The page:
As we come upon the one-year anniversary of the impact of COVID-19 and how it forced organizations to move to a remote workforce, many are adopting artificial intelligence (AI) technology to improve productivity and engagement for employees who feel adrift in this new world.
At the beginning of the pandemic, many C-Suite and Human Resource (HR) executives believed that the move to remote work would improve productivity, but unfortunately, that is not the case.
Remote employees still struggle with this new model, fielding dozens of daily distractions from checking on children to cooking dinner and caring for pets – a slew of non-company activities that are consuming company time.
This comes at a time when the global workforce needs to be more productive than ever as the rush to digital transformation becomes all-consuming. Organizations are reworking business models that better serve housebound consumers and a digitized B2B business environment.
As part of this effort, workers must immerse themselves in the “deep work” that drives real business value like raising profits, reducing costs and improving customer experience.
But companies still need to give their workers the tools and technologies they need to adapt to remote work. A new study from Salary.com reveals that 89% of workers admit to wasting time during work hours with 61% squandering at least 30 to 60 minutes each day – and 64% of those blame it in on the Internet, which remains a major distraction.
Yet, there is a silver lining. The responsible use of AI has emerged as a key strategy to help remote workers stay focused on the most important work at hand by eliminating tedious tasks and providing guidance that leads them to focus on the activities that matter most to their organizations.
As it turns out, AI is a friend, not a foe, when it comes to enabling remote workers to reach their full career potential.
Forward-thinking Fortune 2000 companies are adopting “AI-powered leadership” to help senior managers provide the guidance and insight to keep teams focused.
AI uses accurate data to produce powerful business insights – often better than humans can. In doing so, it provides the ability to observe and process the large volumes of data, emerging as a secret weapon for beleaguered team leaders.
AI gives team leaders a comprehensive view of the business, so they don’t make decisions with very limited and often biased input. While we cannot hand off leadership to a machine, AI can provide a better starting point to lead from – and usher in the bold concept of machines learning, humans leading.
AI helps these team leaders lead like an athletic coach – 100% performance oriented and able to observe productivity in an unbiased and impartial manner. In previous eras, we had supervisors on the floor, observing works and offering tips for improvement.
In today’s white-collar world, this is not possible. But with AI working in the background, we can continually observe workers and then make prioritized, personalized recommendations for managers to execute on.
Using AI, organizations can accurately identify the quality impact and discover if other employees are more or less productive as a result of an employee’s work.
It can also determine specific actions and in what order employees should work. For example, AI can empower sales teams by determining when to reach out, follow-up and nudge a prospect.
Using AI’s magic powers, organizations can harness accurate data and analyze it to yield insights that lead to the best possible decision-making capabilities. By leveraging this data, AI algorithms make predictions, just like a human would do to create leadership hypotheses and ask the right questions, uncovering the right answer to the important “What will happen if…” questions and possible scenarios.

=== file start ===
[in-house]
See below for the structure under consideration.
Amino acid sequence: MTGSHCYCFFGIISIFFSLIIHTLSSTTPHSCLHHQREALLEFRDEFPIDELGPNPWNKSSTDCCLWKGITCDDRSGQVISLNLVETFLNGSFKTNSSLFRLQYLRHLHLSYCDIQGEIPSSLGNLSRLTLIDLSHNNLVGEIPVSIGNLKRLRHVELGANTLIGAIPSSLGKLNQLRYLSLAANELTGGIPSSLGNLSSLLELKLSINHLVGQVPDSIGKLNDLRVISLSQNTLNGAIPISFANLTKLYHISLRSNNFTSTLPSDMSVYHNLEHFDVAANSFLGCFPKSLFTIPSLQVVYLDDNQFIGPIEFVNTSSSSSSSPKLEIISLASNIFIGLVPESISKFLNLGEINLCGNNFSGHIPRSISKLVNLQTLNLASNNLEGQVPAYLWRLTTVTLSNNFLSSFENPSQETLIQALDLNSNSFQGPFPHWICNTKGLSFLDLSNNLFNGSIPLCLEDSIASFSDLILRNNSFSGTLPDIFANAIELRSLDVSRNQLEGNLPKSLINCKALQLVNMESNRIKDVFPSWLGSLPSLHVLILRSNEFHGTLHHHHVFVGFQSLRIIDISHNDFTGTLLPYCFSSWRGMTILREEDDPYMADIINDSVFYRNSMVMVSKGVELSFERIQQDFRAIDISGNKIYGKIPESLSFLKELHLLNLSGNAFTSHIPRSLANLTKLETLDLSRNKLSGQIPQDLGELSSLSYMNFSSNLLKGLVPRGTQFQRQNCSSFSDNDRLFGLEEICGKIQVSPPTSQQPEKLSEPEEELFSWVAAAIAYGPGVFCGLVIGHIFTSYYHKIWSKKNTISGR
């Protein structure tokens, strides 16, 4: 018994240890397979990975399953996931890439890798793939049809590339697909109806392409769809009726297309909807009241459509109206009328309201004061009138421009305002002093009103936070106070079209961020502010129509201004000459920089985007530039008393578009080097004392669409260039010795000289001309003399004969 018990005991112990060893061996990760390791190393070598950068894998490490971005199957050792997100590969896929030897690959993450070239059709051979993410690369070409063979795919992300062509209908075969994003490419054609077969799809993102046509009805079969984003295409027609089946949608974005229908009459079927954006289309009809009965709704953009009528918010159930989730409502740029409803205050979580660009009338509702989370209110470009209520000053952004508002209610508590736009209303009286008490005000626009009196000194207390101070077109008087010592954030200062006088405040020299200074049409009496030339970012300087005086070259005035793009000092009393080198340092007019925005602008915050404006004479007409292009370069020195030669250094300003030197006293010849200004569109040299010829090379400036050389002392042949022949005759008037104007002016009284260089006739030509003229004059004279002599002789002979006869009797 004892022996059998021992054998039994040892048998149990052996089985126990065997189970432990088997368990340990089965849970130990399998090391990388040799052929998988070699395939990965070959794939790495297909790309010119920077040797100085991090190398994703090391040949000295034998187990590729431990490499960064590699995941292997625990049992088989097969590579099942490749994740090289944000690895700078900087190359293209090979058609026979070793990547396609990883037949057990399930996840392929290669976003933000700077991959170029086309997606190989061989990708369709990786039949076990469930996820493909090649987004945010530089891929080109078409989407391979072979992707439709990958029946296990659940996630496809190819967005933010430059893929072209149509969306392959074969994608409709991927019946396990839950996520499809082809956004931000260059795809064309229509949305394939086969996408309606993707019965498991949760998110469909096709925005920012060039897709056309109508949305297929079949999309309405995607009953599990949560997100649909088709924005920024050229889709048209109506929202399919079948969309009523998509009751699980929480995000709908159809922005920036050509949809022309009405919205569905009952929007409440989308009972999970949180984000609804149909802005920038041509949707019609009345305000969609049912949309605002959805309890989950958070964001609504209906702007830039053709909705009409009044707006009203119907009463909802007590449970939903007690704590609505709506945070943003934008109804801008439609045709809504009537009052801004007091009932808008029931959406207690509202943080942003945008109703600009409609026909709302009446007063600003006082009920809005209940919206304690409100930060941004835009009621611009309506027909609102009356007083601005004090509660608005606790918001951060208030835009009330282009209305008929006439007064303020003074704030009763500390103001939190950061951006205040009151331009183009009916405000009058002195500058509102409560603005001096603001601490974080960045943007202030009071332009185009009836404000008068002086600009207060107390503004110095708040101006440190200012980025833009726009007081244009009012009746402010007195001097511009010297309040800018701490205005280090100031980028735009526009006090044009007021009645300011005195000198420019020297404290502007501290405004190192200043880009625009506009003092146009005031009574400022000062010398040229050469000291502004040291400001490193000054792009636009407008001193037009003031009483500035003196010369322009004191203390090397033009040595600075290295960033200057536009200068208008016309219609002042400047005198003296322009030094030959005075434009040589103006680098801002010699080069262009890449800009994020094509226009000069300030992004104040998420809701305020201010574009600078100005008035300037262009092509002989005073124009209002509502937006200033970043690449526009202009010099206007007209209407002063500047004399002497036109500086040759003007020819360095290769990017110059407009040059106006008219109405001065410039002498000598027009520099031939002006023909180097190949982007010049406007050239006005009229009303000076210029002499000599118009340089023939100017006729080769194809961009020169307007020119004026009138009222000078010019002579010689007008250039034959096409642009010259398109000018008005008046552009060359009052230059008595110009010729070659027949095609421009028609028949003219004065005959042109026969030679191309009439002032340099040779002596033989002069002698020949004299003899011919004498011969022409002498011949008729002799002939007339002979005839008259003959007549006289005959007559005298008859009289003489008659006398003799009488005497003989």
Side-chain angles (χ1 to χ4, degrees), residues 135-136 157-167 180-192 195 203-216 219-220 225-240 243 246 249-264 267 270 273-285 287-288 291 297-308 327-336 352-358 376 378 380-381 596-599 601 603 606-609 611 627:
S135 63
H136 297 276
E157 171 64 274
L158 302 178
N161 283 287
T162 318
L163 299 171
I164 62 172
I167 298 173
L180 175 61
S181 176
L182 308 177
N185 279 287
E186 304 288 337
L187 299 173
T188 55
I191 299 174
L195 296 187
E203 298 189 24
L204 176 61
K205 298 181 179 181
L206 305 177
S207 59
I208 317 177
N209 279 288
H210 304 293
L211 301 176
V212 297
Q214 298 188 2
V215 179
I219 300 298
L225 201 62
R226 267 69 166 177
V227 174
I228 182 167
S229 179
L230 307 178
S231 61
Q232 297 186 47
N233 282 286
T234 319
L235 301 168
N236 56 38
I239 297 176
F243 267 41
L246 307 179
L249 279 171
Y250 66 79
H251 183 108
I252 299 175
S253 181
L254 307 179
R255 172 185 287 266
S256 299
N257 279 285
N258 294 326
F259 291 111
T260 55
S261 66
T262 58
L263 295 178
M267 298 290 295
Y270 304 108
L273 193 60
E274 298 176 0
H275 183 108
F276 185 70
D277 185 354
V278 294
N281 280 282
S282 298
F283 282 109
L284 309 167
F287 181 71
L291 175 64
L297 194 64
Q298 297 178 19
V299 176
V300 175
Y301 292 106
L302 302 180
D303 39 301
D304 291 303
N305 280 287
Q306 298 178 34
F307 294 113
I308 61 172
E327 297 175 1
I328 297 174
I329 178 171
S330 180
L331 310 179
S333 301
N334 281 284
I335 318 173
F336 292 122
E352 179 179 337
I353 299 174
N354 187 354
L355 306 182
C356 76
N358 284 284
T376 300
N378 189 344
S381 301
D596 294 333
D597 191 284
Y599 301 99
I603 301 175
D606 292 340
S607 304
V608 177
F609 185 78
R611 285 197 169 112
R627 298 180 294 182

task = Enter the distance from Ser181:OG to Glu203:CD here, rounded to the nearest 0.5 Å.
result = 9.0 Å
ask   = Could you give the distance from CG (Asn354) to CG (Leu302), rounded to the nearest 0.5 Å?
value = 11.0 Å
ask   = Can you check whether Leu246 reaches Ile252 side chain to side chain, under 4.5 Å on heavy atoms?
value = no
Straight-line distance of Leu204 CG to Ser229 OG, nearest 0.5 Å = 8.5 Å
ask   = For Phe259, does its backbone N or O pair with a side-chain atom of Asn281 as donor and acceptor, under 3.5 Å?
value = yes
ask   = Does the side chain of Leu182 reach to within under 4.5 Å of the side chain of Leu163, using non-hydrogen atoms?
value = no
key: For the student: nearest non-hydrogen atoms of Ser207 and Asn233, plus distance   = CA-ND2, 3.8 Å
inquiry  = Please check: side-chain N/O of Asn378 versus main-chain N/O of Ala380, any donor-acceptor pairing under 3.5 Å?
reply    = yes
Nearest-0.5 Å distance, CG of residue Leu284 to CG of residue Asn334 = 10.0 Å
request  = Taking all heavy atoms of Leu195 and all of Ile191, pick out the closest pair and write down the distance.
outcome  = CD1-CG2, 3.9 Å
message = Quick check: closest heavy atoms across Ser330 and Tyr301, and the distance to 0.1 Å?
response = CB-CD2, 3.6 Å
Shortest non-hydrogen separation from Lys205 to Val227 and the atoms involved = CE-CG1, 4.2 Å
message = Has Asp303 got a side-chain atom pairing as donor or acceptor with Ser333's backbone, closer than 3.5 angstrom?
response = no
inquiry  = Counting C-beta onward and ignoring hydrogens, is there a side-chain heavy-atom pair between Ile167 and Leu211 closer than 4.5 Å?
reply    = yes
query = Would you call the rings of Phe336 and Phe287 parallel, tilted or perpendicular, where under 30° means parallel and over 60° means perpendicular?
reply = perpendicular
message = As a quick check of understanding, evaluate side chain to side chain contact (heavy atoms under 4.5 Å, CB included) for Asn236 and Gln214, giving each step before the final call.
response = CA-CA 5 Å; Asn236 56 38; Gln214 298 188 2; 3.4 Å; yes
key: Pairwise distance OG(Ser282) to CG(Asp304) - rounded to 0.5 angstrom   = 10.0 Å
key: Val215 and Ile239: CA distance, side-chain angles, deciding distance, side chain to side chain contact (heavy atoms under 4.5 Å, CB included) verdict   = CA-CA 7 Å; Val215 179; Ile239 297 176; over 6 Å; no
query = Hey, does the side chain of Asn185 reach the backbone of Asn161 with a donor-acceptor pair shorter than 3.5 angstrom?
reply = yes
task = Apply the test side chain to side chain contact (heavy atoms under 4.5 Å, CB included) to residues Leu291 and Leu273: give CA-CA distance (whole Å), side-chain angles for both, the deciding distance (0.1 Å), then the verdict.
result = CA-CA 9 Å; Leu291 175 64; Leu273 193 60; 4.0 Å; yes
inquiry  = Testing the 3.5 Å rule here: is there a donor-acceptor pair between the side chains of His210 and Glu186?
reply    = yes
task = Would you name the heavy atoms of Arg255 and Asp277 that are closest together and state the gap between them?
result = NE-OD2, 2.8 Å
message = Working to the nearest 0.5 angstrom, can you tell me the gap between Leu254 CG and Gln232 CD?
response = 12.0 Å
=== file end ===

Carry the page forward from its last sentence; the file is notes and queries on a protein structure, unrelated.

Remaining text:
AI also lets organizations use the data in real time when it is the most valuable, working in the background to provide recommendations about what is needed to achieve business goals.
It also helps time-pressed organizations calculate the optimal time for like-for-like work, which can we as high as 263%. This is especially important as team leaders are now managing twice the number of employees as they have in the past. As a result, they are more focused on macro KPIs instead of identifying which employees need help with their work.
AI also helps senior leaders grow and nurture their most valuable talent and help their teams succeed. In the age of remote work, leadership development often gets shunned to wayside.
Still, over $50B is spent per year in leadership development. Unfortunately, that investment is not working as only 7% of CEOs believe their companies are building effective leaders.
That is why C-Suite and HR leaders are turning to AI-powered leadership. New AI technologies place the decisions that leaders need to make to help their people improve right in the notifications of their phones.
This development is empowering leaders to make better decisions that will improve employee performance and yield productivity growth while driving better business outcomes.
This comes at a critical time when we remain on the precipice of a global recession. Right now, organizations report that they pay employees for eight hours per day of work but believe they are only getting three or four hours of productive work from their workforce.
With the help of responsible AI-powered leadership, organizations can help their people advance their careers and derive greater job satisfaction, leading to greater retention. This alone will alleviate stress for HR teams looking for ways to keep their workforces engaged during this uncertain time.
But perhaps more importantly, it will enable organizations quickly to embrace digital transformation and new business models that will help them better navigate the changed world and chaotic business environment we inhabit today and in the future.